Bankruptcy Can Help Distressed Homeowners

April 9, 2012

Reuters.com recently published a story predicting an increase in home foreclosures in 2012. Banks slowed their foreclosure processes in 2011 due to the "robo-signing" scandal, but this past February five major banks settled a major lawsuit with 49 U.S. states. Now there are signs that foreclosures are ramping up again. One mortgage servicing provider recently reported "foreclosure starts" had increased 28 percent in January.

The Reuters article quoted RealtyTrac CEO Brandon Moore as saying that the "numbers point to a gradually rising foreclosure tide as some of the barriers that have been holding back foreclosures are removed." This new wave of foreclosures targets middle class homeowners hit hard by tough economic times. "The subprime stuff is long gone," said Michael Redman of 4closurefraud.org. "Now the folks being affected are hardworking, everyday Americans struggling because of the economy."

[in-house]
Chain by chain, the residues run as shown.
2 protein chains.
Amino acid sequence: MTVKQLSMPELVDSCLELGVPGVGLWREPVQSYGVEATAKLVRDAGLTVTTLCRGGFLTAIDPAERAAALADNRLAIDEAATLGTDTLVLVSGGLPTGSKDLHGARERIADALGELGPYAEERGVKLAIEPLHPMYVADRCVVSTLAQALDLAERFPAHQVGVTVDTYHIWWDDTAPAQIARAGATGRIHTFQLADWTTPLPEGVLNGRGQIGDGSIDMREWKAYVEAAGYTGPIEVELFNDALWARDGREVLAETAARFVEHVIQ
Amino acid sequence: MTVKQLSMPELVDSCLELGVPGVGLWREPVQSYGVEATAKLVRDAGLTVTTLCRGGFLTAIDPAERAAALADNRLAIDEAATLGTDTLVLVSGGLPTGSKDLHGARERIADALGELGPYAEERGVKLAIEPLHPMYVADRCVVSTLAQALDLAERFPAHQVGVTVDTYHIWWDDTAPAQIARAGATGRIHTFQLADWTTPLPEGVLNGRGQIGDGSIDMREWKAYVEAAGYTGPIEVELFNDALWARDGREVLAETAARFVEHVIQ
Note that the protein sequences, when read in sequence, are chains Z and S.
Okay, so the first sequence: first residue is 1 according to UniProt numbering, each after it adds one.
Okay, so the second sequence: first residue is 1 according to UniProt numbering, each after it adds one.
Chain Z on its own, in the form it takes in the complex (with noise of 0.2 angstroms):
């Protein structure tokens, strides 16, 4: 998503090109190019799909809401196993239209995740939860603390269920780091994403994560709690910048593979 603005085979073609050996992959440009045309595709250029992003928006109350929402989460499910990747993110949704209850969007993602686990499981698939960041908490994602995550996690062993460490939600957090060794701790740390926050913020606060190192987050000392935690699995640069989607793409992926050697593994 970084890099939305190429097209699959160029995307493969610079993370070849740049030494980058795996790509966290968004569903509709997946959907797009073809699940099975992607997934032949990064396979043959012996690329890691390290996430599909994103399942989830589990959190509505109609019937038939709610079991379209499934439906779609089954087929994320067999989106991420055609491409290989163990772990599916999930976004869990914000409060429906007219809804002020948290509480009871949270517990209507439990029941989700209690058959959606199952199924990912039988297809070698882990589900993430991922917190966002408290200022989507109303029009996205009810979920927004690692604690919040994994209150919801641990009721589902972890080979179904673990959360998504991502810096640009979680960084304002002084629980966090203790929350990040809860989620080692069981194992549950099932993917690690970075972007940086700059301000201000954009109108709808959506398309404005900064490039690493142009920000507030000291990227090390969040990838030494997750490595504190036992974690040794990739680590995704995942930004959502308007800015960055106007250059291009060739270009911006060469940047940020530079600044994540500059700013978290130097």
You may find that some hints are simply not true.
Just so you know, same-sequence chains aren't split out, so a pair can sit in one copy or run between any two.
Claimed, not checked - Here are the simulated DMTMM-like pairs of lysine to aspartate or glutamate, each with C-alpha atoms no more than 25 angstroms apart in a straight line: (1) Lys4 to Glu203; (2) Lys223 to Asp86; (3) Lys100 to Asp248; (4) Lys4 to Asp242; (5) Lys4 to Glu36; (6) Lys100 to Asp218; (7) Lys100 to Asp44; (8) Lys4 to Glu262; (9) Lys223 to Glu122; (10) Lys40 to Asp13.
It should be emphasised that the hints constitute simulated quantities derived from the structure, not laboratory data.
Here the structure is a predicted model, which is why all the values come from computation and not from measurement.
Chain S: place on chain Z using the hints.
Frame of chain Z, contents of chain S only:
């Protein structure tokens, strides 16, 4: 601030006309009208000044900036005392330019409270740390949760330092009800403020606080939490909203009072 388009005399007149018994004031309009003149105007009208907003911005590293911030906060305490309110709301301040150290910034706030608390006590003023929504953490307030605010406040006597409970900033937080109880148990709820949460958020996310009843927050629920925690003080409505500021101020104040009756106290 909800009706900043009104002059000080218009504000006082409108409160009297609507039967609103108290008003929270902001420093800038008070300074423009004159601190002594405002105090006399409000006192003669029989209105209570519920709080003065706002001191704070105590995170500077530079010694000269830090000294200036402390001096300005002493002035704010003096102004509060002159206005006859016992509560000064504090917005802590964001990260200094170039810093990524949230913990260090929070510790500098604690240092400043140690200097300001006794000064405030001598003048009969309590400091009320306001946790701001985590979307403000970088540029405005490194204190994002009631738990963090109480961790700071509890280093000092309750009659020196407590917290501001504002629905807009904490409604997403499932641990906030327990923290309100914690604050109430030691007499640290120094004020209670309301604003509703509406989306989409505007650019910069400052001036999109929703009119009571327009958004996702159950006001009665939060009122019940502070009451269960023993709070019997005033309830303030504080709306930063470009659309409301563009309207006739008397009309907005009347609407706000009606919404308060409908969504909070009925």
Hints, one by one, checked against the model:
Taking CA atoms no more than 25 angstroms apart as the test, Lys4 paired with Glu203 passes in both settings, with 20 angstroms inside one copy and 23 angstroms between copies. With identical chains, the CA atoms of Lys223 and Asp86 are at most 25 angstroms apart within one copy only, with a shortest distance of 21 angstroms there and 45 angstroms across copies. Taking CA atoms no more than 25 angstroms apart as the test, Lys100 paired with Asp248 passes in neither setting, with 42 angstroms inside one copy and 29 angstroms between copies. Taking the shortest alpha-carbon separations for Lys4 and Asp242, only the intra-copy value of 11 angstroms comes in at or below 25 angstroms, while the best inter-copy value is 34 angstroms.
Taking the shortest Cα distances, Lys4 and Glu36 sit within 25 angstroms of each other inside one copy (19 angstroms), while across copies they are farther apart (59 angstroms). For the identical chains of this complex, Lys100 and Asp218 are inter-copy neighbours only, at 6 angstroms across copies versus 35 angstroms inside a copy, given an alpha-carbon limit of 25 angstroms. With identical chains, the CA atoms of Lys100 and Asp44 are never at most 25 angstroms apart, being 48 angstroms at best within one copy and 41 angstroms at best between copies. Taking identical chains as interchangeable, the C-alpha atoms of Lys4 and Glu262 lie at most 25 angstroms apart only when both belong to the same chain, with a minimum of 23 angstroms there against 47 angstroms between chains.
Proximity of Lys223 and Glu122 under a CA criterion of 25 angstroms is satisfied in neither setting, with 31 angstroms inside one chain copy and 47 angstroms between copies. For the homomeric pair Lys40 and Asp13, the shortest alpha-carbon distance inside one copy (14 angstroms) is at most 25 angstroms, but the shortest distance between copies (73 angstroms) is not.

Current data estimates around 13 million Americans are unemployed and millions more are under-employed making it difficult to pay a monthly mortgage. To make matters worse, many homeowners are struggling with homes that are "underwater" – the market value of the home is worth less than the amount owed.

The federal bankruptcy process can help a homeowner manage a distressed home situation. First, the Bankruptcy Code allows the debtor to strip away junior mortgages that are entirely unsecure. For instance, if your home is worth $200,000, and you owe $200,000 or more on your first mortgage, any junior mortgage or judicial lien can be stripped off during a Chapter 13 bankruptcy. This process is especially useful to homeowners struggling with HELOC loans.

Second, a Chapter 13 bankruptcy can provide the homeowner with time to catch up past-due mortgage payments or property taxes. During a Chapter 13 bankruptcy the debtor is allowed up to five years to pay off mortgage arrears while the bank is prohibited from foreclosing. Finally, if you are unable to keep your home, a Chapter 7 bankruptcy will allow you time to surrender your home back to the lender on your terms.

Bankruptcy is a legal shield that can protect you during tough financial times. If you are facing foreclosure, speak with an experienced bankruptcy attorney and discuss how the federal bankruptcy laws can help you.

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